1982 - Ongoing
What started out as a simple question in 1982 became the impetus for Weathering Time: ‘What would it be like to photograph myself every day and watch myself grow older?’ I was twenty-five years old at the time…
My methodology was simple: I chose a 50 mm lens aimed directly at me to keep distortion to a minimum; my body was shown from head to toe. For the first thirty-six years I used a film camera. If I failed to take a picture on a given day, I advanced the film one frame so no image was recorded. Each roll of film captured one month. There were many days, some months, and even three years when I did not take pictures. The missed days were mostly because I forgot. In my 1984 journal I wrote that I did not photograph ‘the rest of May’ because I was ‘burnt out.’
In 1991, 1992, and 1995 there are no self-portraits. I simply lost interest in the project. Thankfully, in January 1996 I realized the personal importance of my archive and started up again. While I still miss days, weeks, and an occasional month, I plan to continue the self-portraits as long as I am able.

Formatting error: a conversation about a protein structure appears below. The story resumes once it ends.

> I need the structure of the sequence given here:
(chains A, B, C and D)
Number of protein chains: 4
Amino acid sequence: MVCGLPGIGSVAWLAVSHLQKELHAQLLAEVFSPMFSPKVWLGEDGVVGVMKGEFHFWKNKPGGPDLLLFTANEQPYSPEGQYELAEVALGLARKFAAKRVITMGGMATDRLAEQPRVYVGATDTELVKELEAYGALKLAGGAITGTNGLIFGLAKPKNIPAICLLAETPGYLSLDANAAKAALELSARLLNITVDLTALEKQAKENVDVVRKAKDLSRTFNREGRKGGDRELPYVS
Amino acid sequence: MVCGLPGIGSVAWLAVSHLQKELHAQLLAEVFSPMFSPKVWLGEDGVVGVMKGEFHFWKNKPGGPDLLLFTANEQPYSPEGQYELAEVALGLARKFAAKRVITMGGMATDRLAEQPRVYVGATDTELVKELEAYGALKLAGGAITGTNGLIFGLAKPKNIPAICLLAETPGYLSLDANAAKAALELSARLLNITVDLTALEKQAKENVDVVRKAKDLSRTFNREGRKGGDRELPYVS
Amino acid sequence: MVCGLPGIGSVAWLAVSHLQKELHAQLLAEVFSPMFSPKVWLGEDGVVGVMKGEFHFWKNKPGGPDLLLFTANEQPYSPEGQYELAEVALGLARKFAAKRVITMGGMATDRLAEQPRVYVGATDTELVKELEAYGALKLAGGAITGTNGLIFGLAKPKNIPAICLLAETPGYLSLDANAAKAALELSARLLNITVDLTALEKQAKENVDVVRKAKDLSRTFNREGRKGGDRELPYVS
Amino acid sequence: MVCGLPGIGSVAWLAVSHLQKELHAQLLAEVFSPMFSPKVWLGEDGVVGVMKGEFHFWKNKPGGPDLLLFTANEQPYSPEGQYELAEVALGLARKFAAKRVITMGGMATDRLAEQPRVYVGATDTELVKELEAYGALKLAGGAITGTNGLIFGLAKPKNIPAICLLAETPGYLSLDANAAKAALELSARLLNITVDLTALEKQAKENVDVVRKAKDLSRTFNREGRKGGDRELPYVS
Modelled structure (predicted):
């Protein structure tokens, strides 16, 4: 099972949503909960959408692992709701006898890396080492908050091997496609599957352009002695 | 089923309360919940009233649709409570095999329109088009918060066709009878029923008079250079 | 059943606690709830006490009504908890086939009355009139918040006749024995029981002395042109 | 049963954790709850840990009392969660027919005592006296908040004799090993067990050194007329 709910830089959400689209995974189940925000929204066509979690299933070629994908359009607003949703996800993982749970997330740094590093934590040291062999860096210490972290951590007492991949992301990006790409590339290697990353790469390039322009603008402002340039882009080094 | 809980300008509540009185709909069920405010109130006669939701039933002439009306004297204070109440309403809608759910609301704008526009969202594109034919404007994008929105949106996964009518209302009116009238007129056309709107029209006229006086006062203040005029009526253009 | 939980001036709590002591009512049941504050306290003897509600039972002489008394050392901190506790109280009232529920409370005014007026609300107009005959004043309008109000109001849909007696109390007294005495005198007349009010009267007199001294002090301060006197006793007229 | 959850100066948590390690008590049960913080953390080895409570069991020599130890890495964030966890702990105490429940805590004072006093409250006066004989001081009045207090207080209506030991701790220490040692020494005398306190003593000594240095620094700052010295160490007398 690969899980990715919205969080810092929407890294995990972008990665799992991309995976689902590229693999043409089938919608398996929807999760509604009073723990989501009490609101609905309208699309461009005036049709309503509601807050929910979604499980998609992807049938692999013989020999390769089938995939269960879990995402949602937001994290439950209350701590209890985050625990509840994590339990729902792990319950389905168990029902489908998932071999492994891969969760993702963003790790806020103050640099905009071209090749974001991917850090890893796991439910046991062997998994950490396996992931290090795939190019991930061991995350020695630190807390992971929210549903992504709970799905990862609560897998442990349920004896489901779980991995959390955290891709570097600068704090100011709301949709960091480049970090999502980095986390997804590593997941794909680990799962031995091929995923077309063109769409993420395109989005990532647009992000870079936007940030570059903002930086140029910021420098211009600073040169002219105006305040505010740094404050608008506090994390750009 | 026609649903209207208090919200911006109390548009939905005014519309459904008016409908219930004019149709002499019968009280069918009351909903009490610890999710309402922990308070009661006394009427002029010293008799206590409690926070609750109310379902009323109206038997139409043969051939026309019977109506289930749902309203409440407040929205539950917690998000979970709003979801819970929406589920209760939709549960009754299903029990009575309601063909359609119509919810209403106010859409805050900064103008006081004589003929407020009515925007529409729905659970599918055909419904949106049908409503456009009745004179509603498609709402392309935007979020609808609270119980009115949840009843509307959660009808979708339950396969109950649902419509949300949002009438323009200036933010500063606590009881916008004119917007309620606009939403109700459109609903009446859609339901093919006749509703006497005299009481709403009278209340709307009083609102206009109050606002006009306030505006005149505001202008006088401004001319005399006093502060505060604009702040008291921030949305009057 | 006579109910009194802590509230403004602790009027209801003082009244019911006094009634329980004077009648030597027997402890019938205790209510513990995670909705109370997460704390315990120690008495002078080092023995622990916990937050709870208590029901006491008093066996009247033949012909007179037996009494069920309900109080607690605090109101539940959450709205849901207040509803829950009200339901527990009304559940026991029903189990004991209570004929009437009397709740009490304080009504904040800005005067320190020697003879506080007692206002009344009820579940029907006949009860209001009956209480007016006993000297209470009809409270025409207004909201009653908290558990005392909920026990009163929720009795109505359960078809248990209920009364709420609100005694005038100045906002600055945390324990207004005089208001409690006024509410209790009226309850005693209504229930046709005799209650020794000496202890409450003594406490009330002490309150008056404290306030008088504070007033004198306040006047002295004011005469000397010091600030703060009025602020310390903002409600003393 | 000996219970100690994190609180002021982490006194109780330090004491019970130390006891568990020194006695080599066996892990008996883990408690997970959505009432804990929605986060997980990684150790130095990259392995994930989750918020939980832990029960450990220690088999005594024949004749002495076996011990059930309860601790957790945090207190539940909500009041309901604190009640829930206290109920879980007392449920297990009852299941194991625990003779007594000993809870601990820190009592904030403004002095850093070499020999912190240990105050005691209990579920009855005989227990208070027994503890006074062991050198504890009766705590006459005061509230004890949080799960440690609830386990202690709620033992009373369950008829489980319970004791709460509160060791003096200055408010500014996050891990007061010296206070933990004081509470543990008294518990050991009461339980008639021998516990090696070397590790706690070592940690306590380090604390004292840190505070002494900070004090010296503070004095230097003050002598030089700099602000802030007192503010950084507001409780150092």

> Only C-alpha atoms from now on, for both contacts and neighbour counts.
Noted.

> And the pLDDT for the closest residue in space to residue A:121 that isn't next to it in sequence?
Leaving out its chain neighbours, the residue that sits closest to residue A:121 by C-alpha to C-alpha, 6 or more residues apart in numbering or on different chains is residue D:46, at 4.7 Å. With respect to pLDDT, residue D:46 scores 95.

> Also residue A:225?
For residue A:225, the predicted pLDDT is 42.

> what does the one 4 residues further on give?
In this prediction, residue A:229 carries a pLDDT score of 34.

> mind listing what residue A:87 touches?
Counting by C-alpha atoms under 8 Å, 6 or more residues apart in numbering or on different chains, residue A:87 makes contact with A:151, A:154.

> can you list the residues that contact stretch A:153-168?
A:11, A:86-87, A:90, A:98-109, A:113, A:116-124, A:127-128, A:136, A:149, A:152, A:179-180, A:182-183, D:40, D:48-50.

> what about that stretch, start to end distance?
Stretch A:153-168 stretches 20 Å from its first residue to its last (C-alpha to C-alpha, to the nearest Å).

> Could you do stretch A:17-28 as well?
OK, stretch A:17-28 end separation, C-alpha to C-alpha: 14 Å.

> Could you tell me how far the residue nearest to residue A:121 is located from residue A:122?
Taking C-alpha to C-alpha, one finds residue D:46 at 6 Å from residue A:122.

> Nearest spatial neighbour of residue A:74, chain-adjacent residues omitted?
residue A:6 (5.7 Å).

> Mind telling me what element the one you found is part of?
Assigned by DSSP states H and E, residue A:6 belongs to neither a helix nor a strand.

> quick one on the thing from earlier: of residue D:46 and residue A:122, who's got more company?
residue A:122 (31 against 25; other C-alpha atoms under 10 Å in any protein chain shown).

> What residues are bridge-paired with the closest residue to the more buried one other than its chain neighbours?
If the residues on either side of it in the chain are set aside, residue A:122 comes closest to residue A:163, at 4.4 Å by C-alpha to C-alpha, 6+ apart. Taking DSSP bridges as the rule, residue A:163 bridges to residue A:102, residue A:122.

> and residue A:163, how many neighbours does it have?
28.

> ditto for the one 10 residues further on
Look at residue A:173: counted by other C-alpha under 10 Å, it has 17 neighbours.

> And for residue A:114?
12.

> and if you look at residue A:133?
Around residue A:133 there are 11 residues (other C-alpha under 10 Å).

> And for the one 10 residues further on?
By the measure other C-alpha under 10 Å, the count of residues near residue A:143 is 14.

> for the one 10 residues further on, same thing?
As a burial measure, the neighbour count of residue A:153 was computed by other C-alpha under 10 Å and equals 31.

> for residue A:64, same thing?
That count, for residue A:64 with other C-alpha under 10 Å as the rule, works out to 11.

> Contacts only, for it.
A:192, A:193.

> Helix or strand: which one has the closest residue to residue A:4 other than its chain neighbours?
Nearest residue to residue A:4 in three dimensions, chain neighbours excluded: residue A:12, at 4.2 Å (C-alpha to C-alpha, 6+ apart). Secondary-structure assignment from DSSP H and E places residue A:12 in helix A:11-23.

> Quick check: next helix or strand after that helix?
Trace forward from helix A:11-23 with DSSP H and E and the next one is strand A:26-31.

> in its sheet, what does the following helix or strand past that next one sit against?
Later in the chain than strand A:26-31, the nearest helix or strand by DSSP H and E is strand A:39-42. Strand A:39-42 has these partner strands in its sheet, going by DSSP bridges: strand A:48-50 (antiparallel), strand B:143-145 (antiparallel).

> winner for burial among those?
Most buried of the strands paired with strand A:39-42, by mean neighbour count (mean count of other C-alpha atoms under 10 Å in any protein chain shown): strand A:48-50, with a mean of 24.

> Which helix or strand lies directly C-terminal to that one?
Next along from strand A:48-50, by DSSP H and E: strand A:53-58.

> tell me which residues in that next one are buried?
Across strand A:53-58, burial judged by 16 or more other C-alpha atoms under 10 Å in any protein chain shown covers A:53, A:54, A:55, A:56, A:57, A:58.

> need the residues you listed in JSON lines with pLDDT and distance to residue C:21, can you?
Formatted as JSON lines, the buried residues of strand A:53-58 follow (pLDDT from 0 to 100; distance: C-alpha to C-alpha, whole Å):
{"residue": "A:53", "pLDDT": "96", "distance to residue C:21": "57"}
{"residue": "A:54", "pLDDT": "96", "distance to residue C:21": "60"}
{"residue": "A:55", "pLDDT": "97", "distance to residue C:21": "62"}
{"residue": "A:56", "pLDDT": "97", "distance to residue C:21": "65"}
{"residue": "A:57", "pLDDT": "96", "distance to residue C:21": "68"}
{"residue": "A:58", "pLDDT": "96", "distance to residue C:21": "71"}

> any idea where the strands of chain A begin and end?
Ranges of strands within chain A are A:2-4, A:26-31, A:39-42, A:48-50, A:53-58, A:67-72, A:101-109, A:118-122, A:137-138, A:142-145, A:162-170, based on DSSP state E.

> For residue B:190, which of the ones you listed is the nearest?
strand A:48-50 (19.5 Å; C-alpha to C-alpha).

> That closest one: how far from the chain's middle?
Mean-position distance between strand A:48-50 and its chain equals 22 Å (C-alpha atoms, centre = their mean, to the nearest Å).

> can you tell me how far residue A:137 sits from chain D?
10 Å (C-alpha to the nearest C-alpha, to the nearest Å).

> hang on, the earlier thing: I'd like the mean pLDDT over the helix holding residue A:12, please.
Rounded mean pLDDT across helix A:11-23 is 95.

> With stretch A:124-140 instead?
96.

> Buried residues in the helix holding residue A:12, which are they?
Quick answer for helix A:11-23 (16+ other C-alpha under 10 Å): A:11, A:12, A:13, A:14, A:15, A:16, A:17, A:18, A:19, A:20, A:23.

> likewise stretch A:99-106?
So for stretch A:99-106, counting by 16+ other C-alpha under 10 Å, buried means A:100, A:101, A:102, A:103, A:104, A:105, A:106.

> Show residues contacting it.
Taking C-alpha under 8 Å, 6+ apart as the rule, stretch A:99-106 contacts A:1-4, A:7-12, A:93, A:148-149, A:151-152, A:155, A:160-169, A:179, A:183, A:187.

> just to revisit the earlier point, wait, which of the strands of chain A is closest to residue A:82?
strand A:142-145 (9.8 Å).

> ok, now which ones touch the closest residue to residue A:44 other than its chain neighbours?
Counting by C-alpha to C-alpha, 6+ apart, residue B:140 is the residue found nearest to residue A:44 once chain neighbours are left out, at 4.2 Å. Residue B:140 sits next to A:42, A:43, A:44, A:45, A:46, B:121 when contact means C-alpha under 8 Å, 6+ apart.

For a while I saw my pictures as simply daily documents of what I looked like, but my process evolved over the years.
In 2006 I began using a point-and- shoot digital camera when I traveled or went backpacking for extended periods of time. In 2019 I moved away from film and now shoot exclusively with a digital camera. Beginning in 2012 and continuing today, I occasionally reenact a particular image in the archive to contrast the changes over time. ‘Jimmy’s robe’ is an example of this. Finally, I am adding old family photographs from my parents’ archive.
The resulting visual calendar now consists of more than 2,500 photographs. Most often I’m by myself in these images, but sometimes I’m with family and friends. As time passes, births, deaths, celebrations, and bad days happen. Pets come and go, fashions and hairstyles evolve, typewriters, analogue clocks, and telephones with cords disappear; film gives way to digital and the computer replaces the darkroom.
While Weathering Time chronicles my youth to the dawn of my old age, the images also reflect the experiences of my generation and underscore the cultural, technological, and physical changes that have occurred over the past thirty-nine years.